F. Scott Fitzgerald's novel about how the rich languoring on the Riviera in the 1920's are slowly drawn into the coming depression is once again filmed with Peter Strauss, Mary Steenburgen,... See full summary »
Toward the end of his life, F. Scott Fitzgerald is writing for Hollywood studios to be able to afford the cost of an asylum for his wife. He is also struggling against alcoholism. Into his life comes the famous gossip columnist.
In this adaptation of Françoise Sagan's best selling novel, Paula is a beautiful and highly successful 40-year-old businesswoman. She is deeply in love with Roger, her mature consort of ... See full summary »
Twenty something trust fund kid Anthony Patch and his party girl wife Gloria Gilbert are disinherited by their wealthy benefactor grandfather and their lives spiral out of control in a blizzard of drugs, sex and eventual violence.
An adventuresome young man goes off to find himself and loses his socialite fiancée in the process. But when he returns 10 years later, she will stop at nothing to get him back, even though she is already married.
Set in the 1920s, an American doctor and his wealthy patient travel to the French Riviera where they surround themselves with their circle of friends and become entwined in a complicated love triangle.
Jones, Robards shine in this Fitzgerald adaptation
This movie does not have the greatest reputation in the world. I'd read that Jennifer Jones was too old to play Nicole, that she overacts, that she has no chemistry with Jason Robards, that it was too long, etc.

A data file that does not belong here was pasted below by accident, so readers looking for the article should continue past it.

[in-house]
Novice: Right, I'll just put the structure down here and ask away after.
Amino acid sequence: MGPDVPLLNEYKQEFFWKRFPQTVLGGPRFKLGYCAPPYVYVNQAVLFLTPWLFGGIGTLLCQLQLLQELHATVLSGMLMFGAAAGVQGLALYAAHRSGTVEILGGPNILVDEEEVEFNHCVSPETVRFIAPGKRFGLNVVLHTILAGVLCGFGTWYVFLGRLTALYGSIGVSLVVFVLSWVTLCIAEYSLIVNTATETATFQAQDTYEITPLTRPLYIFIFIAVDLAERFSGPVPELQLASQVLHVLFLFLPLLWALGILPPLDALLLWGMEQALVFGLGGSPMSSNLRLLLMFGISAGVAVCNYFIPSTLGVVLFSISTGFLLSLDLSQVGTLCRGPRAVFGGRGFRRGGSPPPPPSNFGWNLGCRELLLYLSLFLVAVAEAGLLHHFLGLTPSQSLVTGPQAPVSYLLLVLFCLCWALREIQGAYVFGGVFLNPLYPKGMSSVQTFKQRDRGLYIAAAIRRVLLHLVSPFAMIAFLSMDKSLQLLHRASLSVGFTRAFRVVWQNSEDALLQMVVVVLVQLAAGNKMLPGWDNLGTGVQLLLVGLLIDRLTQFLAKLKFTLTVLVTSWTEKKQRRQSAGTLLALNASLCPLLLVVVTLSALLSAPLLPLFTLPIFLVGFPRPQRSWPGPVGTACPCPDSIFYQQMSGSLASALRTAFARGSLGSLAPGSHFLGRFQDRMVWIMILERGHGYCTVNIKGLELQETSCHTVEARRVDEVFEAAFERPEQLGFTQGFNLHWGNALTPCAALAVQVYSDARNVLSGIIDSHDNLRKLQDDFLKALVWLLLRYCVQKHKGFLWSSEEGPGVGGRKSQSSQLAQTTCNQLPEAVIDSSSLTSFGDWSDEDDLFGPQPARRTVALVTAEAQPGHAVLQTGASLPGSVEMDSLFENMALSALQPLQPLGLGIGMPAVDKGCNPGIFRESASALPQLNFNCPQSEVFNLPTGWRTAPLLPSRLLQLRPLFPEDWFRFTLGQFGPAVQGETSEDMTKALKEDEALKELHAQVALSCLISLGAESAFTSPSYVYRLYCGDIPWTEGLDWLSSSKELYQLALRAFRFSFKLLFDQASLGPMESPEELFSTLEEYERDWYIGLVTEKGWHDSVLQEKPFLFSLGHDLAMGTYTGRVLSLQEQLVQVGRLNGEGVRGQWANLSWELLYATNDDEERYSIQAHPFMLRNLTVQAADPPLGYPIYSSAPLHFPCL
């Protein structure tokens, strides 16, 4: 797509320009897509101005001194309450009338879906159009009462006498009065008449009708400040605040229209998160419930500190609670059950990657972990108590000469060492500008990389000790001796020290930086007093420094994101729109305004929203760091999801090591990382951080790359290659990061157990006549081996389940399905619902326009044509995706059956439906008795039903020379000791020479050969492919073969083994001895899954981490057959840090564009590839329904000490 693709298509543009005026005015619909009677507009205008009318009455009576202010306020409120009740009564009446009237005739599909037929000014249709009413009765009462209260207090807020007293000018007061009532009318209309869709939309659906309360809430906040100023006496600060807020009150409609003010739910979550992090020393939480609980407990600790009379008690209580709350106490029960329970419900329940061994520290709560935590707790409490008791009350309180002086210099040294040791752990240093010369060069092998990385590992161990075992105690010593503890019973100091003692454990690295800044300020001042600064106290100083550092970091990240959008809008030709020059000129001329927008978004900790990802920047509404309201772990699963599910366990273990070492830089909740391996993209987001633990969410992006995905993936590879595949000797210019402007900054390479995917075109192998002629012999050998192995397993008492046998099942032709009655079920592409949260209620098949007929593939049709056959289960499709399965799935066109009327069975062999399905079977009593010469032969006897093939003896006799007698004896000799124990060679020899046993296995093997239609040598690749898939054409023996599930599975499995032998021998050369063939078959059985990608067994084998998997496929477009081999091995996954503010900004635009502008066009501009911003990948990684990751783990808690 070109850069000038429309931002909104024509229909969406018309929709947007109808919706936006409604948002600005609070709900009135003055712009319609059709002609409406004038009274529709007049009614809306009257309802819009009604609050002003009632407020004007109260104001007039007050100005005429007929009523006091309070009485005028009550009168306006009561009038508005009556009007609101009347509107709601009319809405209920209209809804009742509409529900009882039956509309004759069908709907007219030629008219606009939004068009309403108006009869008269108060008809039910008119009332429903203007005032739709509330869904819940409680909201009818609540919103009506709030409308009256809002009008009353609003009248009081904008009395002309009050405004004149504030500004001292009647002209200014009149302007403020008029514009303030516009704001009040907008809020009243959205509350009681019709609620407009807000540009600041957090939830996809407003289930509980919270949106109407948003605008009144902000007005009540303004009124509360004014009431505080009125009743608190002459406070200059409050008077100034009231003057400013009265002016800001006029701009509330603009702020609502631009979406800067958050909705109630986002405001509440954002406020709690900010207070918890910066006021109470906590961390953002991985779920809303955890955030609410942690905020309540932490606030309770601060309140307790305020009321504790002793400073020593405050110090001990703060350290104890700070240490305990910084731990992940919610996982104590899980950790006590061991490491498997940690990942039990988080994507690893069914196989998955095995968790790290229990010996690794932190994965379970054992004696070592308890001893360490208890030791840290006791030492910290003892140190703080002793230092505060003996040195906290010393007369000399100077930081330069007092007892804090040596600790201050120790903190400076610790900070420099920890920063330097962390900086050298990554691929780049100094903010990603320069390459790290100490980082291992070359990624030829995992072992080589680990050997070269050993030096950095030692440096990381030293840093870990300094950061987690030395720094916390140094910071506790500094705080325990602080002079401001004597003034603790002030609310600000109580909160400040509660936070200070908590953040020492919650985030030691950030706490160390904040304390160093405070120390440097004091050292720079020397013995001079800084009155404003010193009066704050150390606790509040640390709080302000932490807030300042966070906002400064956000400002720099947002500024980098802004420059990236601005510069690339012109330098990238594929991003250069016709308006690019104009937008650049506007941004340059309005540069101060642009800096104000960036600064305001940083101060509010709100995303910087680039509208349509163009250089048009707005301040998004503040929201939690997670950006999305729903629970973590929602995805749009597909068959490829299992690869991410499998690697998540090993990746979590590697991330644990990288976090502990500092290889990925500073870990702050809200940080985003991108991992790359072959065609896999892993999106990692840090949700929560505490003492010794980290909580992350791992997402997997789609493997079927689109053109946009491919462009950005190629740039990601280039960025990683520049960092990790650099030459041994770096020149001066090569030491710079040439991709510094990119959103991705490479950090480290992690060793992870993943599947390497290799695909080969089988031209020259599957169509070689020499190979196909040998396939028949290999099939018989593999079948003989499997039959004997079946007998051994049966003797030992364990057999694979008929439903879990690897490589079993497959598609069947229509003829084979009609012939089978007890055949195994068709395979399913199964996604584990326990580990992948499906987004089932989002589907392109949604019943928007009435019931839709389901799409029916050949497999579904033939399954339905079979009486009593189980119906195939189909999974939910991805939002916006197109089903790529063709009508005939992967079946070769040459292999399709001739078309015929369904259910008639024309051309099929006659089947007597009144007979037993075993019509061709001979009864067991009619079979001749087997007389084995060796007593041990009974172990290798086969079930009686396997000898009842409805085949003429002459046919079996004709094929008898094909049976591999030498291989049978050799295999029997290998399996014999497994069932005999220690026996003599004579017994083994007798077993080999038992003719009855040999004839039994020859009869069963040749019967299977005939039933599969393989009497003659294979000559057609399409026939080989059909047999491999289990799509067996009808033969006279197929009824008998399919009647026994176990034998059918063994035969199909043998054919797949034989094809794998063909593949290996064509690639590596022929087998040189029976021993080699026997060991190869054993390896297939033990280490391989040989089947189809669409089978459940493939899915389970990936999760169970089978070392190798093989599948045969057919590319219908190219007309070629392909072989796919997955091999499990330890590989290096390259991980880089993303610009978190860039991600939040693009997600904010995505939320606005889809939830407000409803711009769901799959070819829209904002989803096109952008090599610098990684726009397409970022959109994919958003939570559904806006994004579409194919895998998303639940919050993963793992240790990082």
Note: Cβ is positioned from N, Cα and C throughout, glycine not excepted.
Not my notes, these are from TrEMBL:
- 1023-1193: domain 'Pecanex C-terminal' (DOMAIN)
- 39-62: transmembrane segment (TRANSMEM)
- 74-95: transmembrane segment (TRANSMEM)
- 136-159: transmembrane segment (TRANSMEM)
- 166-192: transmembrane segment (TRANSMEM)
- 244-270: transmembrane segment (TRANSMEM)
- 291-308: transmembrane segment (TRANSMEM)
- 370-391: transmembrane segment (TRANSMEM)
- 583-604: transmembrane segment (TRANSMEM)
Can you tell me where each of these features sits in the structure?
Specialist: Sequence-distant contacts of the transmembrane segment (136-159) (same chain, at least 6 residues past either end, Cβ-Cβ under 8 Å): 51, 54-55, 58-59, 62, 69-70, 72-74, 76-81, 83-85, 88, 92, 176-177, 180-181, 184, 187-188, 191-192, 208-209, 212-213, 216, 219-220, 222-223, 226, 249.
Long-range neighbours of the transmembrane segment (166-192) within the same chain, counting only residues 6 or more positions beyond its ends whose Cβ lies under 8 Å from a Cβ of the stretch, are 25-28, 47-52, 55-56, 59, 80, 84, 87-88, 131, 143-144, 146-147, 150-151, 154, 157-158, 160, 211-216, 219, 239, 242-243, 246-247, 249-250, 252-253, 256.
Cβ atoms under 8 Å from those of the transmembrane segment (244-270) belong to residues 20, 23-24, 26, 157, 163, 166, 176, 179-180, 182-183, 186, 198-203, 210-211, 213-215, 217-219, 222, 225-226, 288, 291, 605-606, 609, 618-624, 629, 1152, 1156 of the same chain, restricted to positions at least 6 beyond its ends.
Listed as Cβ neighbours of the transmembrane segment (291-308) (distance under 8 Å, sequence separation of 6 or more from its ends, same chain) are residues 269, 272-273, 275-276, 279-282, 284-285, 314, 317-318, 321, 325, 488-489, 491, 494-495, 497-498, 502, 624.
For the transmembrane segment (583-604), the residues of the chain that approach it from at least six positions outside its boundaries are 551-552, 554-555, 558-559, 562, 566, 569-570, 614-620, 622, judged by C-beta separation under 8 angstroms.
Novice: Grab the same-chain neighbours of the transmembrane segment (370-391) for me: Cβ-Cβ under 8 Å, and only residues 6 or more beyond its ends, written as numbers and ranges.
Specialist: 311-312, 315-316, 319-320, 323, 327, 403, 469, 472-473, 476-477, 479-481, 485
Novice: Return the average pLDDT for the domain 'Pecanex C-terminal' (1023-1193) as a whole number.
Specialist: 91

Well don't believe it!
It DID take me several attempts to watch the whole thing, but that nothing to do with the movie, that had to do with something else. When
I finally saw the whole thing all the way through, I enjoyed it very much and questioned why it does not have more admirers.
It explores many themes, thoughtfully and without exploitation. Should a doctor romance his patient? When does the patient stop being a patient, exactly, and start being a person?
Nicole meets Dick in a sanitarium. She's there for a variety of reasons, none of which sister Joan Fontaine really care to discuss. It has something to do with their father. Nicole eventually is released and runs into Dick years later, and they get married. They have a wonderful life and two children but it starts to fall apart. Not because of Nicole's mental state - actually, as it turns out, she becomes the stable one. But a friend of theirs (Tom Ewell, making a fool of himself as a chronic drunk) dies, their daughter almost dies from alcohol poisoning, and Dick is see with an actress (Jill St. John) at a brawl in a café and their picture makes all the front pages.
Jennifer Jones is prone to be very mannered. In spite of them she's still a favorite, but here she's really very good, she's not too old to play the part, and her chemistry with Robards is believable. Fontaine doesn't do much but enjoy her own wardrobe. As I mentioned, Ewell is a drunk but his death scene (or, rather, the circumstances surrounding it) are the worse thing in the movie. Jill St. John is first seen as a youngster but she matures as the movie progresses..unfortunately, her acting does not improve.
At over 2 1/2 hours, its an investment, but worth your time. Now I want to watch it again. 8/10.
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